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SGLT2 inhibitor tool developed to help doctors

A new tool has been developed to help doctors determine who would benefit the most from taking a class of type 2 diabetes drug.
Sodium-glucose co-transporter-2 (SGLT2) inhibitors have been prescribed in the UK since 2013 and work by helping the kidneys to lower blood sugar levels.
The oral medications have significant benefits, but – like most drugs – there are also side effects, which is why a quick reference guide has been developed to provide clarity to clinicians in regard to common areas of confusion associated with the drugs.
In some cases combining SGLT2 inhibitors with insuli, sulphonylureas or glinides can increase the chances of hypoglycemia. SGLT2s have also been linked to rare but possible risks of developing diabetic ketoacidosis (DKA).
The document, ‘SGLT2 inhibitors in type 2 diabetes management: key evidence and implications for clinical practice’, was developed by the Improving Diabetes Steering Committee, a group of leading diabetes specialists in the UK.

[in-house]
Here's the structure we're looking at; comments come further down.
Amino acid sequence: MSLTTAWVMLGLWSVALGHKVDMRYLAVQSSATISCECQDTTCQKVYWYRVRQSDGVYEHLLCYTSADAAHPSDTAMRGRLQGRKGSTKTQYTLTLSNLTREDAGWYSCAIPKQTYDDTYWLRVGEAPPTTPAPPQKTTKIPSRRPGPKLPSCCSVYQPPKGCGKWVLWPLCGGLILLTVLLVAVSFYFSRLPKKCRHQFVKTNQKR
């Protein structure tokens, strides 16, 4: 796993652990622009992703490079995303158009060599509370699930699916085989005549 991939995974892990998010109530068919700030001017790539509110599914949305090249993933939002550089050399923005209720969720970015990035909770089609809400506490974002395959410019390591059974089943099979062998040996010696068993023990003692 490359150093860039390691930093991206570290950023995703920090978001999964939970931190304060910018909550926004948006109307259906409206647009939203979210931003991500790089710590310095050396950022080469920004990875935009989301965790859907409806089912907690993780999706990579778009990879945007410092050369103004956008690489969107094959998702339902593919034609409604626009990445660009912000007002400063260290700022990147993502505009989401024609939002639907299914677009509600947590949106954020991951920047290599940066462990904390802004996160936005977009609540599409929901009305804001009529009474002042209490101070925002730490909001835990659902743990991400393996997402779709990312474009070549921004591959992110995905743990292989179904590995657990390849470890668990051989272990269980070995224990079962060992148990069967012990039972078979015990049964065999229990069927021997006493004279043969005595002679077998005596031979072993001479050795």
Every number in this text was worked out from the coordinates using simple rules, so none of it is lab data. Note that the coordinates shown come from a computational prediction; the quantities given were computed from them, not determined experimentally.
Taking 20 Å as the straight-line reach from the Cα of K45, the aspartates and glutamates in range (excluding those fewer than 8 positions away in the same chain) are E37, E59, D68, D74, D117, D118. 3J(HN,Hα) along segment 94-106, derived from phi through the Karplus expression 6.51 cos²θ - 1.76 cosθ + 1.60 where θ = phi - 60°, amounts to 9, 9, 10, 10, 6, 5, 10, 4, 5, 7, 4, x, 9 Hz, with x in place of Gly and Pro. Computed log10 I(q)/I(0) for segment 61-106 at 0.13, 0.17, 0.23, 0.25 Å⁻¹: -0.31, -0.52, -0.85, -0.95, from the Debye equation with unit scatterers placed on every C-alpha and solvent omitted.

The group brought together all the research that has been carried out on SGLT2 inhibitors in recent years to provide evidence-based guidance.
Professor John Wilding, who leads diabetes and obesity research at the University of Liverpool, and is one of the co-authors of the paper said: “Helping to improve education in diabetes management is key to improving outcomes in the UK.
“As a committee, our focus was on providing balanced, accurate and evidence-based guidance to help clinicians identify those patients who would benefit most from the SGLT2 [inhibitors] class of medicines.”
Dr Kevin Fernando, a GP partner at North Berwick Health Centre, near Edinburgh, and co-author of the paper, added: “Managing patients with type 2 diabetes is complex and can be challenging, particularly for clinicians working in primary care who are faced with many competing clinical priorities.
“We felt it was important to help provide every day, usable tools that will help healthcare professionals ensure their patients receive optimal care for their type 2 diabetes.”

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